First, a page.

News Release| School of Nursing; Cal State L.A.
CSULA School of Nursing partners with seven local community colleges to implement a Collaborative Model of Nursing Education
RWJF site visit set for Wednesday, Sept. 19, on the CSULA campus
Los Angeles, CA – The School of Nursing at California State University, Los Angeles was recently chosen to receive a two-year $300,000 grant to help create a “smooth and timely” progression from the associate to baccalaureate degree in nursing. The grant is awarded by the Robert Wood Johnson Foundation’s (RWJF) Academic Progression in Nursing (APIN) program through the California Institute of Nursing and Health Care (CINHC).
The focus will be on the implementation of a California-based Collaborative Model of Nursing Education with a partnership between Cal State L.A. and seven local community colleges—Cerritos, Cypress, Glendale, Long Beach City, Los Angeles City, Pasadena and Rio Hondo Colleges. The educational model will give nursing students the opportunity to achieve higher degrees in order to improve patient care.
On Wednesday, Sept. 19, RWJF leaders will visit the CSULA campus to discuss how the outcomes of this regional work on the collaborative model can impact academic progression of nurses in California and the nation. Guests will include Susan Hassmiller, RWJF; Mary Dickow, California Action Coalition; Deloras Jones, CINHC; and Pat McFarland, Association of California Nurse Leaders.
“We are excited to work with our community college partners to facilitate a seamless transition for the completion of the Bachelor of Science in Nursing (BSN) here at CSULA,” said Associate Director of the School of Nursing at CSULA and Project Director Lorie Judson. “We have worked closely with these partners for the past two years to integrate our curriculum and expedite the attainment of the BSN within a year of their transfer.”
In Los Angeles, 74 percent of new graduates enter the nursing workforce through community colleges. Judson noted, “From this rich, diverse community, we will help to increase the number and diversity of BSN graduates.”
The Institute of Medicine’s groundbreaking report, The Future of Nursing: Leading Change, Advancing Health, recommended that 80 percent of the nursing workforce be prepared at the baccalaureate level or higher by the year 2020. At present, about half of nurses in the United States have baccalaureate or higher degrees.
“The nation needs a well-educated nursing workforce to ensure an adequate supply of public health and primary care providers, improve care for patients living with chronic illness, and in other ways meet the needs of our aging and increasingly diverse population,” said Pamela Austin Thompson, national program director for APIN and senior vice president for nursing at the American Hospital Association.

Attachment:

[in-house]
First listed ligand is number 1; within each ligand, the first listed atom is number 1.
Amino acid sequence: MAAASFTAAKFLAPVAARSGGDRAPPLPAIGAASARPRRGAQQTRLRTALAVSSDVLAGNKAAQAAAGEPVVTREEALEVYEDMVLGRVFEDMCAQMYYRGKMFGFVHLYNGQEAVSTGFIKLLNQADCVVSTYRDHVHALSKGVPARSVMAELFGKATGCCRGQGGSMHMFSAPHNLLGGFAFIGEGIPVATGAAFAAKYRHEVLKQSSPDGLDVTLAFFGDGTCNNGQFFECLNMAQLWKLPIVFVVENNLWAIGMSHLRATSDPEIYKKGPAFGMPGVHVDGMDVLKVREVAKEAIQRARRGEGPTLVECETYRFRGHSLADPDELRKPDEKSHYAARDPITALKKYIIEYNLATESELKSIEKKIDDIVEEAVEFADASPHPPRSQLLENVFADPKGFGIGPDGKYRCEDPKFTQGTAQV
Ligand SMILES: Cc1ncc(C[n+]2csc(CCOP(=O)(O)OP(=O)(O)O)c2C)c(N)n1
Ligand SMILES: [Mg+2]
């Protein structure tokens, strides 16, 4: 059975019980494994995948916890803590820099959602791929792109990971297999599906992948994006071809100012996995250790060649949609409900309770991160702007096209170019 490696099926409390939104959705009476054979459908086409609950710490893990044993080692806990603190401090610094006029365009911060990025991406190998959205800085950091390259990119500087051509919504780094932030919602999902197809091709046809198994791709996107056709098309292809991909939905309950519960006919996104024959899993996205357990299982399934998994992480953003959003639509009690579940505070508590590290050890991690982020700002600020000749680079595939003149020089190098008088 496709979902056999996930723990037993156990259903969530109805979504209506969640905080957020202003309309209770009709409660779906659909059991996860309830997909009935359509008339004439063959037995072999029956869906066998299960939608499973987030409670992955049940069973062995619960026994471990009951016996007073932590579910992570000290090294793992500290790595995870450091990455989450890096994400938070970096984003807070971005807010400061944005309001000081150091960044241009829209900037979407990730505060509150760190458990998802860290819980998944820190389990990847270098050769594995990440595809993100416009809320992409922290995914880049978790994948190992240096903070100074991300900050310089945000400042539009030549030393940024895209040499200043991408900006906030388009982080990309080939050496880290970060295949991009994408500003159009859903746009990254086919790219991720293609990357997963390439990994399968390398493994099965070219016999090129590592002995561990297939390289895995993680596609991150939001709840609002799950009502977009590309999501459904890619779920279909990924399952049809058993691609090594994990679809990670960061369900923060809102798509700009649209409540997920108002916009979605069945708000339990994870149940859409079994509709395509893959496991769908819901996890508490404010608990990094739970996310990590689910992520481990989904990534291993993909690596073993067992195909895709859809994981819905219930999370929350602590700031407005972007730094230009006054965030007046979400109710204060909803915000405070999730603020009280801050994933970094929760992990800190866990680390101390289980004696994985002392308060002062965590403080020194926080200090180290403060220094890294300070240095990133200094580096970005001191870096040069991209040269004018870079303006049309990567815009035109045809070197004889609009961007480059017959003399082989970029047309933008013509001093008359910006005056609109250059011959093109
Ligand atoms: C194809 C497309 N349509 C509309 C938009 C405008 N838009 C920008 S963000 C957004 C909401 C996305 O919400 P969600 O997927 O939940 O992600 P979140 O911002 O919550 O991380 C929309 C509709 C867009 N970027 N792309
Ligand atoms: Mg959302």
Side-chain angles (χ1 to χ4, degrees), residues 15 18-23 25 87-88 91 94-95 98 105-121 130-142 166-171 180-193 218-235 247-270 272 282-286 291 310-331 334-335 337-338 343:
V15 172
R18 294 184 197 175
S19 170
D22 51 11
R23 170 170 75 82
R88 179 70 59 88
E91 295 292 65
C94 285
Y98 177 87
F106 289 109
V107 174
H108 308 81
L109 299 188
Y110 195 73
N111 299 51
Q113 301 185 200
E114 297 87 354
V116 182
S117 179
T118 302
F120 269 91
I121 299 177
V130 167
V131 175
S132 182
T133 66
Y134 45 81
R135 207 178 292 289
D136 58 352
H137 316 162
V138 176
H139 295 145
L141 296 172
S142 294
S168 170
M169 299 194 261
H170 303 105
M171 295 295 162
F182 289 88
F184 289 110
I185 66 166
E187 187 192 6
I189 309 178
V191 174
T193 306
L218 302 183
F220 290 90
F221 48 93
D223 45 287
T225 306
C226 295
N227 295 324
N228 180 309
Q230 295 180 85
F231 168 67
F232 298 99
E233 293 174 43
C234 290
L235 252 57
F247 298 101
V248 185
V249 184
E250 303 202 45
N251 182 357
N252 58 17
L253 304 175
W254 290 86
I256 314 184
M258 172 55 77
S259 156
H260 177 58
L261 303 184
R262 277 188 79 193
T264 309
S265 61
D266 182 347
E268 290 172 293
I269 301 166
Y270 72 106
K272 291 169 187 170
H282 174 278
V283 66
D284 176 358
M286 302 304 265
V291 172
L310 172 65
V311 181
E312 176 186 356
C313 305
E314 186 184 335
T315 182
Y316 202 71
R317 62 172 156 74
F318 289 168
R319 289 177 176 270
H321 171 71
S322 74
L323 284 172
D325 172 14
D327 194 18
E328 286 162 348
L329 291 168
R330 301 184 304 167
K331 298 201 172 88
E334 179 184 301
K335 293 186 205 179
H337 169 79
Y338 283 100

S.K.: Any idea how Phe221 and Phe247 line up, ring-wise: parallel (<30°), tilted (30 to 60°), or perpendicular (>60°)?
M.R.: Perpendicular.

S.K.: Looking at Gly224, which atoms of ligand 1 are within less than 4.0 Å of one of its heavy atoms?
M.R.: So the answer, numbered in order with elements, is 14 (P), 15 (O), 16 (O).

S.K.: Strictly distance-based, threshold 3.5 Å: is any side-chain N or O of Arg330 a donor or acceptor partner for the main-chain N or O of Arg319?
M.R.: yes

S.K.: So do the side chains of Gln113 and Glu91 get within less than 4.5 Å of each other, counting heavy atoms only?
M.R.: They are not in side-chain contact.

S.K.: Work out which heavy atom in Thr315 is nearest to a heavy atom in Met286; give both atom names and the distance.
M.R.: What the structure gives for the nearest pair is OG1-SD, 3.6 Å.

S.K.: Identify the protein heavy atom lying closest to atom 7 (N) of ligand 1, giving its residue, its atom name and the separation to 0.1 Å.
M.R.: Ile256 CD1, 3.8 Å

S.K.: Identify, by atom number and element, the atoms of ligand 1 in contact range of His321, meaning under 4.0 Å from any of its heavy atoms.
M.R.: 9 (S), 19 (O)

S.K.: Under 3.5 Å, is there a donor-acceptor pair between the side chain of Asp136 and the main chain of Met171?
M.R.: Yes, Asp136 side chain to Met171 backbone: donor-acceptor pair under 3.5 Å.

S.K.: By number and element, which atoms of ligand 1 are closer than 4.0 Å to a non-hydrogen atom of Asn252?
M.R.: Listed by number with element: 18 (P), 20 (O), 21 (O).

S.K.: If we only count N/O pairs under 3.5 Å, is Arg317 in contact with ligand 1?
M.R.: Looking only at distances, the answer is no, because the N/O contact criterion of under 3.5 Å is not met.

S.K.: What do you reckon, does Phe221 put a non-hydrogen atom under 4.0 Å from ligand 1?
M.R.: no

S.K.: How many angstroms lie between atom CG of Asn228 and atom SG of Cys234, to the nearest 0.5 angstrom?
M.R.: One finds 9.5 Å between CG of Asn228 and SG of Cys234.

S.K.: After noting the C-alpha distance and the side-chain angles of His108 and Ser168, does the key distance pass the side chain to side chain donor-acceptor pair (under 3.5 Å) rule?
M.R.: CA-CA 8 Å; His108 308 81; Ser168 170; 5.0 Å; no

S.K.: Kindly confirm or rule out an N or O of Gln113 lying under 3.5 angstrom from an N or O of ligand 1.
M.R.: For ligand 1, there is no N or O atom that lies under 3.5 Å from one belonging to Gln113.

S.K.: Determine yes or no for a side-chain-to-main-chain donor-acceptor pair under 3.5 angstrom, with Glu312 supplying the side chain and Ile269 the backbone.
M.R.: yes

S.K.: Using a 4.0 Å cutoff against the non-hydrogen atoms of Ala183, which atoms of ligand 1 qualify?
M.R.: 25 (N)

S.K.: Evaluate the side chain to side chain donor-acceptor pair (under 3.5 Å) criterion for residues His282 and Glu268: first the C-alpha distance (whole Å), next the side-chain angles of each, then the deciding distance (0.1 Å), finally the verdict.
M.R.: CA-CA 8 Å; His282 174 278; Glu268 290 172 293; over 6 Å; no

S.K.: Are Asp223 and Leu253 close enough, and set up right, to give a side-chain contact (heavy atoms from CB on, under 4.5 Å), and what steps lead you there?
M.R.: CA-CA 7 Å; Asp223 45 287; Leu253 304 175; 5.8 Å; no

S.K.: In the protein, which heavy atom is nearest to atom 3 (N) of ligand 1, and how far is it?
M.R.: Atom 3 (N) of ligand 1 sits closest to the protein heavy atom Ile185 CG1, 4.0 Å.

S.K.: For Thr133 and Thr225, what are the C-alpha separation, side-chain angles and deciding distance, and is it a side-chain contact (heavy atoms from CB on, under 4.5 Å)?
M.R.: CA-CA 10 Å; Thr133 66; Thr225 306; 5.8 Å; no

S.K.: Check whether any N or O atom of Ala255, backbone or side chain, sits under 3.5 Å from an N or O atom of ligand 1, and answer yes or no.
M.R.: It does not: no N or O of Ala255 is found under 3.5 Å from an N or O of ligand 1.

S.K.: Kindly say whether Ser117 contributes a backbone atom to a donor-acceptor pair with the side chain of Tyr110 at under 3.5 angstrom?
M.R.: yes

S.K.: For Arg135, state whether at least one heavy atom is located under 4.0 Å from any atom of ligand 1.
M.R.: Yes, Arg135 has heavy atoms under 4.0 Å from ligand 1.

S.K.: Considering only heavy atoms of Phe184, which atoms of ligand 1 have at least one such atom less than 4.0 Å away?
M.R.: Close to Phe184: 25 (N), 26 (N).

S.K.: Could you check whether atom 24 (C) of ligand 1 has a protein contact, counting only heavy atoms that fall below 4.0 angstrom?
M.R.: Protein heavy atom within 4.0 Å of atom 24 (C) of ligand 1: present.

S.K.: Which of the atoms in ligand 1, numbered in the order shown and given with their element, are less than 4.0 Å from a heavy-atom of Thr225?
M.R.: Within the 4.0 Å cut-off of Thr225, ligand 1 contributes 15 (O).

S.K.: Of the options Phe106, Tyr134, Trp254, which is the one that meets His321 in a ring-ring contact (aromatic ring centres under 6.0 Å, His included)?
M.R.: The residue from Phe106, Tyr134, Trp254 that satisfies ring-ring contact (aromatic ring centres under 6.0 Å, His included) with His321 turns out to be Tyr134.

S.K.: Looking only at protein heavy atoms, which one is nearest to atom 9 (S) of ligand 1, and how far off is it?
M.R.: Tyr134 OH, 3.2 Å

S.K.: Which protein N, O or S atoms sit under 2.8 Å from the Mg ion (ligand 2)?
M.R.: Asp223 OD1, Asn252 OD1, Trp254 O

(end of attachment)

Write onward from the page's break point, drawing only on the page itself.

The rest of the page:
The RWJF focuses on the pressing health and health care issues facing our country. As the nation’s largest philanthropy devoted exclusively to health and health care, the Foundation works with a diverse group of organizations and individuals to identify solutions and achieve comprehensive, measurable, and timely change. For more about the Foundation: http://www.rwjf.org.
CSULA’s nursing program, which celebrated its 60th anniversary last year, is approved by the California Board of Registered Nursing and received continuing accreditation from the National League for Nursing Accrediting Commission. U.S. News and World Report 2013 “America’s Best Graduate Schools” edition has ranked CSULA’s nursing master’s degree program among the top in the nation. CSULA is one of only two public universities in the Los Angeles area, and the only CSU campus, listed in the top 100. For CSULA’s School of Nursing website: /academic/hhs/nursing/.
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Working for California since 1947: The 175-acre hilltop campus of California State University, Los Angeles is at the heart of a major metropolitan city, just five miles from Los Angeles’ civic and cultural center. More than 20,000 students and 225,000 alumni—with a wide variety of interests, ages and backgrounds—reflect the city’s dynamic mix of populations. Six Colleges offer nationally recognized science, arts, business, criminal justice, engineering, nursing, education and humanities programs, among others, led by an award-winning faculty. Cal State L.A. is home to the critically-acclaimed Luckman Jazz Orchestra and to the Honors College for high-achieving students. Programs that provide exciting enrichment opportunities to students and community include an NEH-supported humanities center; a NASA-funded center for space research; and a growing forensic science program, housed in the Hertzberg-Davis Forensic Science Center. www.calstatela.edu